Frogs are cool! Our inaugural Frog Hike was a huge success

Our inaugural Frog Hike at Intaka Island took place on 20 March 2024 and was a huge success with 40 frog enthusiasts who joined us on this very special expedition.

We owe a huge thank you to Blouvlei Committee member, Stuard Hall, who connected us with Jessica Myburgh, a passionate nature lover and “generalist” as she calls herself. Jessica has a broad knowledge on all things frog and impressed our guests with interesting facts about the species we found.

We had the privilege to examine the species in our viewing trays and learnt about the calls and special features each frog has.

Did you know that there are people who love frogs so much that they spend their entire lives studying them? Dr Jodi Rowley is the Curator of Amphibian & Reptile Conservation Biology, at the Australian Museum Research Institute, Australian Museum & Centre for Ecosystem Science, UNSW Sydney. She says about the ecological role of frogs:

“The importance of frogs and amphibians in the natural world cannot be underestimated and throughout their life cycle they play a significant role in the food chain as both predator and prey.”

“Tadpoles feed on algae, helping keep our waterways clean, and they also compete with mosquito larvae; while frogs eat tonnes – literally, in many places – of invertebrates, including pest species. Adult frogs are also food for a huge number of mammals, birds and reptiles. In places where we’ve lost amphibians, we immediately notice the ecosystem-level effects: other animals starving to death and water courses clogging up etc. Nothing really steps up to fill the role of frogs.”

Dr. Rowley says that frogs are also an indicator species which means they are a go-to for scientists wanting to find out more about the environmental health of a particular ecosystem. Because they have permeable skin, they are very sensitive to pollutants, and because they can live on both land and in the water, they are a good indicator of the health of these two different environments.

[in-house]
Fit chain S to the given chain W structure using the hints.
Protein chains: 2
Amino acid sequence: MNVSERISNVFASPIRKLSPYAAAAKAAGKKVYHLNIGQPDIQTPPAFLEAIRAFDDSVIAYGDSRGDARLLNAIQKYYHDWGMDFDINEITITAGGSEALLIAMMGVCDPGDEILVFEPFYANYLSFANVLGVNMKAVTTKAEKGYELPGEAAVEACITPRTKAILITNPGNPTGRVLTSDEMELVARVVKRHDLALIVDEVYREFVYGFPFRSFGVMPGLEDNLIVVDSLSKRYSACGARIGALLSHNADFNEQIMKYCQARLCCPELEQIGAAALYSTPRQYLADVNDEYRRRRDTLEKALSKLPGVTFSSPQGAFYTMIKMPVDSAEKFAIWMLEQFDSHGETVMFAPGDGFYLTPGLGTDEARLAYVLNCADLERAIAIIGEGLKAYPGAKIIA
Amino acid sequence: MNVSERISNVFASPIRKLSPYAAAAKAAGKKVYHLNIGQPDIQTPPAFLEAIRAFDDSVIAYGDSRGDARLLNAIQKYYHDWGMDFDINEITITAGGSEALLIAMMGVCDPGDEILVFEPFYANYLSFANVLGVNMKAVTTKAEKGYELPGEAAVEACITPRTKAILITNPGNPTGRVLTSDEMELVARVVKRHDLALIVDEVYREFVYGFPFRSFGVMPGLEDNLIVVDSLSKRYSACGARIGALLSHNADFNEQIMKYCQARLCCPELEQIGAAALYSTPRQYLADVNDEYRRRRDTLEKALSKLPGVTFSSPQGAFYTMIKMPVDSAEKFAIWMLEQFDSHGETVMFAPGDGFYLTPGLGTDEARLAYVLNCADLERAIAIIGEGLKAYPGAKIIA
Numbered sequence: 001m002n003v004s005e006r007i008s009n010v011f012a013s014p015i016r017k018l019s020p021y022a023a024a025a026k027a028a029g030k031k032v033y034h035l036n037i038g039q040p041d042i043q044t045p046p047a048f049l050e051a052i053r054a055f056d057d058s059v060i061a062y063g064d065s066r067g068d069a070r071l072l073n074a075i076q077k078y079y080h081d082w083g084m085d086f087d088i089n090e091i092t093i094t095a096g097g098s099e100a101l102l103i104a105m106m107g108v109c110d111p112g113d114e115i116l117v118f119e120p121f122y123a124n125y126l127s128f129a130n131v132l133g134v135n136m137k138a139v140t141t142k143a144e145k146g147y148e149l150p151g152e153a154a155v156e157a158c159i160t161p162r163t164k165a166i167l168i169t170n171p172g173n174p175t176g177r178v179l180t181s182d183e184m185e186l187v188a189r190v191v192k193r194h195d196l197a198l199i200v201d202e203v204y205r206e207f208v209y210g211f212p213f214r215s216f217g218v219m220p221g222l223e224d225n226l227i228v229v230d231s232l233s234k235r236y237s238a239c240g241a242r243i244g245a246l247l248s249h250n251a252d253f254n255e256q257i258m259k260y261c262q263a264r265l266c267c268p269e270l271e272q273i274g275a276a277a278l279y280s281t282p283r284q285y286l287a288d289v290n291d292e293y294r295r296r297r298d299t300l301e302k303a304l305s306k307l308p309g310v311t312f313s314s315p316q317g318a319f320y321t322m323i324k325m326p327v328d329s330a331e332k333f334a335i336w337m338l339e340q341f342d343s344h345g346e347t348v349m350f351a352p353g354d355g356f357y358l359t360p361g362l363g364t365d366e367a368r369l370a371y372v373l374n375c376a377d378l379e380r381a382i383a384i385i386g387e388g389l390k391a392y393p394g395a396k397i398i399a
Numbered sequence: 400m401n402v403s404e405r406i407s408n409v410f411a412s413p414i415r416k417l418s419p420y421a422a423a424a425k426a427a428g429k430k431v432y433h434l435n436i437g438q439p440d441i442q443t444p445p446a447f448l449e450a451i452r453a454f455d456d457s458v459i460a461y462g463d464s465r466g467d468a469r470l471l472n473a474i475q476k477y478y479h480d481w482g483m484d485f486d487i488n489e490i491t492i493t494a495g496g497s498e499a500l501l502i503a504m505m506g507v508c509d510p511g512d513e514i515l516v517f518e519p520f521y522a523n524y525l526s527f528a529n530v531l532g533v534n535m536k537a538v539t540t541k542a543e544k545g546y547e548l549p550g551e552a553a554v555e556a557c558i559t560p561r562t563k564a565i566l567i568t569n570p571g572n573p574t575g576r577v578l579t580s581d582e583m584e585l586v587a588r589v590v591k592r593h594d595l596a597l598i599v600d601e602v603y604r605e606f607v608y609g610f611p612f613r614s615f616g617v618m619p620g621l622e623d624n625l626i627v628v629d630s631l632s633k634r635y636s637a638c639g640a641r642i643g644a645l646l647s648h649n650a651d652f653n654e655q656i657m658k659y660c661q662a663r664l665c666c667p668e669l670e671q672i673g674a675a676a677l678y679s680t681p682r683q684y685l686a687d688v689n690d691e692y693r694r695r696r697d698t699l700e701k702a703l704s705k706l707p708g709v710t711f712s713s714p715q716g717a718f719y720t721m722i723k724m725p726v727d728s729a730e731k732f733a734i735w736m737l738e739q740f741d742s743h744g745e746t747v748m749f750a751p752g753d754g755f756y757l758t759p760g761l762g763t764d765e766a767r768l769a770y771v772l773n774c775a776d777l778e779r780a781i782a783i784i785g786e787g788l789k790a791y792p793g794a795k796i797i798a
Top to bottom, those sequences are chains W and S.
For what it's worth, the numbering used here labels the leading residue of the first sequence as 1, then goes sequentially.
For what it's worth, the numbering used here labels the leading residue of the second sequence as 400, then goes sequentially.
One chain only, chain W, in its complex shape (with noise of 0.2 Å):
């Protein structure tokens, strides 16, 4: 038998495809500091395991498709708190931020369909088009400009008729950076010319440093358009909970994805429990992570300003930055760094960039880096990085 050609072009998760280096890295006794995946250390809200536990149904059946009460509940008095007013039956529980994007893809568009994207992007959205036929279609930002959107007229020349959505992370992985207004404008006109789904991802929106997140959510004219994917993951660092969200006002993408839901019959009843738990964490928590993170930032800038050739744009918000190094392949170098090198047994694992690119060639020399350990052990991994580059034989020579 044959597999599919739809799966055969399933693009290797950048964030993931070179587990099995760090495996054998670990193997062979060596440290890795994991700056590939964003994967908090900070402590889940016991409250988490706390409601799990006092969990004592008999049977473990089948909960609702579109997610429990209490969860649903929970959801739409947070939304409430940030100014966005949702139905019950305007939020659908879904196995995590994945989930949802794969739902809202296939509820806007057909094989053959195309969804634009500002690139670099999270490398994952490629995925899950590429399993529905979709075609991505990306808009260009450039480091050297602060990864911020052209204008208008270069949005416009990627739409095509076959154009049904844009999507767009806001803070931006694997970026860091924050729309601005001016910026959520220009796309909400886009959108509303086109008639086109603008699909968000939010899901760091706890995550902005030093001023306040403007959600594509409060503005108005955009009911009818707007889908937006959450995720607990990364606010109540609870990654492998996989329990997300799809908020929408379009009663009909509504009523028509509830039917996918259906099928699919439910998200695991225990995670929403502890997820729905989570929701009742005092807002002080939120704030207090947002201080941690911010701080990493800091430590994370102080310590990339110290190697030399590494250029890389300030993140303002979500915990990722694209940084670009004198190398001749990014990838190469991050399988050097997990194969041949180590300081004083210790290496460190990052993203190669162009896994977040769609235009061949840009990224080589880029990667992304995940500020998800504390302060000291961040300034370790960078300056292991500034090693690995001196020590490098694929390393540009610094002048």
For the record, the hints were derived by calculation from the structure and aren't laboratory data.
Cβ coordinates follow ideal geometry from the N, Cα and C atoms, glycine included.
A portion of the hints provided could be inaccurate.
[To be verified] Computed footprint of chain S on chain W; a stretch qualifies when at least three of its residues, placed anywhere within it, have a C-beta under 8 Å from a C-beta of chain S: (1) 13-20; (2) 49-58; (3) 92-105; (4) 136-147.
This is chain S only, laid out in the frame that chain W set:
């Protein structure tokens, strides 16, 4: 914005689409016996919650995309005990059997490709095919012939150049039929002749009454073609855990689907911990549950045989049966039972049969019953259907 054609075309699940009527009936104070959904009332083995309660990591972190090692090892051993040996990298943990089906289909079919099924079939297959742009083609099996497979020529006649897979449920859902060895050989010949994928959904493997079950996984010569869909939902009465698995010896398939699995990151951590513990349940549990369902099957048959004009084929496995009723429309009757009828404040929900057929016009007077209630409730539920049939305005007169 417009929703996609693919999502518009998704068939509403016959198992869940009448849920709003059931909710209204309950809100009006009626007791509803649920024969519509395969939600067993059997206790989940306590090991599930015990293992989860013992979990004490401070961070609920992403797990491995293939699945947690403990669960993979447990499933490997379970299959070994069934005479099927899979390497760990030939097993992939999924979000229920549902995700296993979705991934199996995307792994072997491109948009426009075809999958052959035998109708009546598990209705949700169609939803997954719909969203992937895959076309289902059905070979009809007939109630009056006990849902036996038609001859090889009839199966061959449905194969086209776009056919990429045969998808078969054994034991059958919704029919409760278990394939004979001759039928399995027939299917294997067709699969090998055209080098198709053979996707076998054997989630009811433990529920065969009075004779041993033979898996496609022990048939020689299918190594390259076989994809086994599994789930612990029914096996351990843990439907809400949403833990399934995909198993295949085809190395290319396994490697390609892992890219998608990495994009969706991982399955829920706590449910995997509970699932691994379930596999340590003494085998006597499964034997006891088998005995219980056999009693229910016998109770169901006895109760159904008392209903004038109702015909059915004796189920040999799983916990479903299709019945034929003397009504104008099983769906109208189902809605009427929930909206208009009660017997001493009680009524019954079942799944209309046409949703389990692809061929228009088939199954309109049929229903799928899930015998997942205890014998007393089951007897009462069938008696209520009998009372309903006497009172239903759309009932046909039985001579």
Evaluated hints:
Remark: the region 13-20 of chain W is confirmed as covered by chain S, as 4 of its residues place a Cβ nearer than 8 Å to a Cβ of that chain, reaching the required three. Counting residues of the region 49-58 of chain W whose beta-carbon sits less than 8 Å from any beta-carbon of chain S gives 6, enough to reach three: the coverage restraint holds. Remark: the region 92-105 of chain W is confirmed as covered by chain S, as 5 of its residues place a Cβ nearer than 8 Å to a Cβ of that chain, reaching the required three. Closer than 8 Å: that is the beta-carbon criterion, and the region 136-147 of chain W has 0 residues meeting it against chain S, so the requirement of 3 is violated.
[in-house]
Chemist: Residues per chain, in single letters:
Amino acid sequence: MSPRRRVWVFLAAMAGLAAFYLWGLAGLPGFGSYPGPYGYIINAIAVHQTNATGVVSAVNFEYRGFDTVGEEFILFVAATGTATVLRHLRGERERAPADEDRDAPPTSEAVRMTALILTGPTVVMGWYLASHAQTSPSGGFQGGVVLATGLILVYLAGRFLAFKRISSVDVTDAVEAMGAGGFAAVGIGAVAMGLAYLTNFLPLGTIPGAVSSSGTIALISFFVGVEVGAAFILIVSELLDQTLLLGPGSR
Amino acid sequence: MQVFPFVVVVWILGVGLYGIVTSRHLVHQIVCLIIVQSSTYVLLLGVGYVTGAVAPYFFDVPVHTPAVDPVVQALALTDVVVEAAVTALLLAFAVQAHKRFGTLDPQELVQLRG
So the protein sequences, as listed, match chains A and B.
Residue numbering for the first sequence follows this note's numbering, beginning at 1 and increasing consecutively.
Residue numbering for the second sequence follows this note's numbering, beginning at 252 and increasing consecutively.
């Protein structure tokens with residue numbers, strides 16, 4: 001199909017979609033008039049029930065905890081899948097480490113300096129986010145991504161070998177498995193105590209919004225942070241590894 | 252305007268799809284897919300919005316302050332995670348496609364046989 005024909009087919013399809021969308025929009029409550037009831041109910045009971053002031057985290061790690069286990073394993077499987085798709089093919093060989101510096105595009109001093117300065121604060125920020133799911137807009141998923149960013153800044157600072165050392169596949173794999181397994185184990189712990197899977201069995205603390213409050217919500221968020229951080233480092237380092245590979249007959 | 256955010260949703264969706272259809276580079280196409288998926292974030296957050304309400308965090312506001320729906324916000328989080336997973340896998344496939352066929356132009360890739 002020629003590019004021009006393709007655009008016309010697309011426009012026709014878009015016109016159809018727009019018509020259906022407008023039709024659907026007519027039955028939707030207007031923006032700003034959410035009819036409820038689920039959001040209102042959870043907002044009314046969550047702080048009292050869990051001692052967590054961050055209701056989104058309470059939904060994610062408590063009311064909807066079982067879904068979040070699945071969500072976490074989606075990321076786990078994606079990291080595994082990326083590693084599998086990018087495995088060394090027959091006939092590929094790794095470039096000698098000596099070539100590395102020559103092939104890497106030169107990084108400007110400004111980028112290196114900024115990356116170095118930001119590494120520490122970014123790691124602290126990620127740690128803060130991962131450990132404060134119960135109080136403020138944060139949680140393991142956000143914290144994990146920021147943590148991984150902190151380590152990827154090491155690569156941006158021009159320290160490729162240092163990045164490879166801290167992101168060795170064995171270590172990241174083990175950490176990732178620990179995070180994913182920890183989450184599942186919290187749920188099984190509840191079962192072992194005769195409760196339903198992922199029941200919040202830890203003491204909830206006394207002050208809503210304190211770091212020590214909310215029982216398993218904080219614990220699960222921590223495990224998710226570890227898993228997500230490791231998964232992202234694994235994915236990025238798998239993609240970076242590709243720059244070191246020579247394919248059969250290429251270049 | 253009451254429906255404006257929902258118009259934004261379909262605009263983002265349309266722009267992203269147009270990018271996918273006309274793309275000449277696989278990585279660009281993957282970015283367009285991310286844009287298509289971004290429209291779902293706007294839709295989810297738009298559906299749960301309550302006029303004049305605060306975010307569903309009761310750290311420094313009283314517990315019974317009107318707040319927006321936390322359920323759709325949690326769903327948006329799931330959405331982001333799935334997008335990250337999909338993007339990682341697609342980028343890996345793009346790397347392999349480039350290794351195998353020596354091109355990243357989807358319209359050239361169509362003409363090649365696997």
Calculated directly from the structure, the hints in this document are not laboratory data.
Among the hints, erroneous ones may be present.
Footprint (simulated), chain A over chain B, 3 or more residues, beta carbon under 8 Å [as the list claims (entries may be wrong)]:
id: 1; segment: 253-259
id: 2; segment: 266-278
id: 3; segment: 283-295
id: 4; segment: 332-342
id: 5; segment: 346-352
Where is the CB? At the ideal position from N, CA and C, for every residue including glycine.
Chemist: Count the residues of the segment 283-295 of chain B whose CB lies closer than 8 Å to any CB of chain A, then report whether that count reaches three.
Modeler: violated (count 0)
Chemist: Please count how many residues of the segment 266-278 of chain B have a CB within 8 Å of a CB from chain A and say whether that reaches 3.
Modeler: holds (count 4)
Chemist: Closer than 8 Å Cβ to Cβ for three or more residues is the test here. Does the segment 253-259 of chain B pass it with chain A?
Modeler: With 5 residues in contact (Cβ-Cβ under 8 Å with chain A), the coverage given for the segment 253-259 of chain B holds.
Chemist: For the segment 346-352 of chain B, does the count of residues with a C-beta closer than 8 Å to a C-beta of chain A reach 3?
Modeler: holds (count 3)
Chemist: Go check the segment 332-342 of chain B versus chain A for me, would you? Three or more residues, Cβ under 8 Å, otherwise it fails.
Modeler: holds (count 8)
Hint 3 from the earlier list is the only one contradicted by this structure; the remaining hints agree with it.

Here are some frog species that may occur at Intaka Island or the Century City precinct:

Sand Toad | Vandijkophrynus angusticeps                                  

Rose’s Rain | Breviceps rose

Common Platanna |  Xenopus laevis                                 

Flat Caco | Cacosternum platys             

Cape River Frog | Amietia fuscigula                

Clicking Stream Frog | Strongylopus grayii          

Cape Sand Frog | Tomopterna delalandii                                   

Painted Reed Frog | Hyperolius marmoratus

Intaka Island has about three known common species and we were lucky enough to spot all three, the Painted Reed Frog, Clicking Stream Frog and the Cape River Frog, as well as a bonus sighting of the Common Platanna.

Did you know that the Common Platanna or the African clawed frog, as it’s better known today, was imported around the world for its use in pregnancy tests. Doctors shipped urine samples to frog labs, where technicians would inject female frogs with urine into their hind leg. The animals would be placed back into their tanks, and in the morning, they would check for tell-tale frog eggs in the water. If the female frog had ovulated, that meant the woman who provided the urine was pregnant. It was said that this test was close to 100% accurate. And 100% interesting indeed.

The images are all photographed by Jessica Myburg.

 See you all at our next nature walk!


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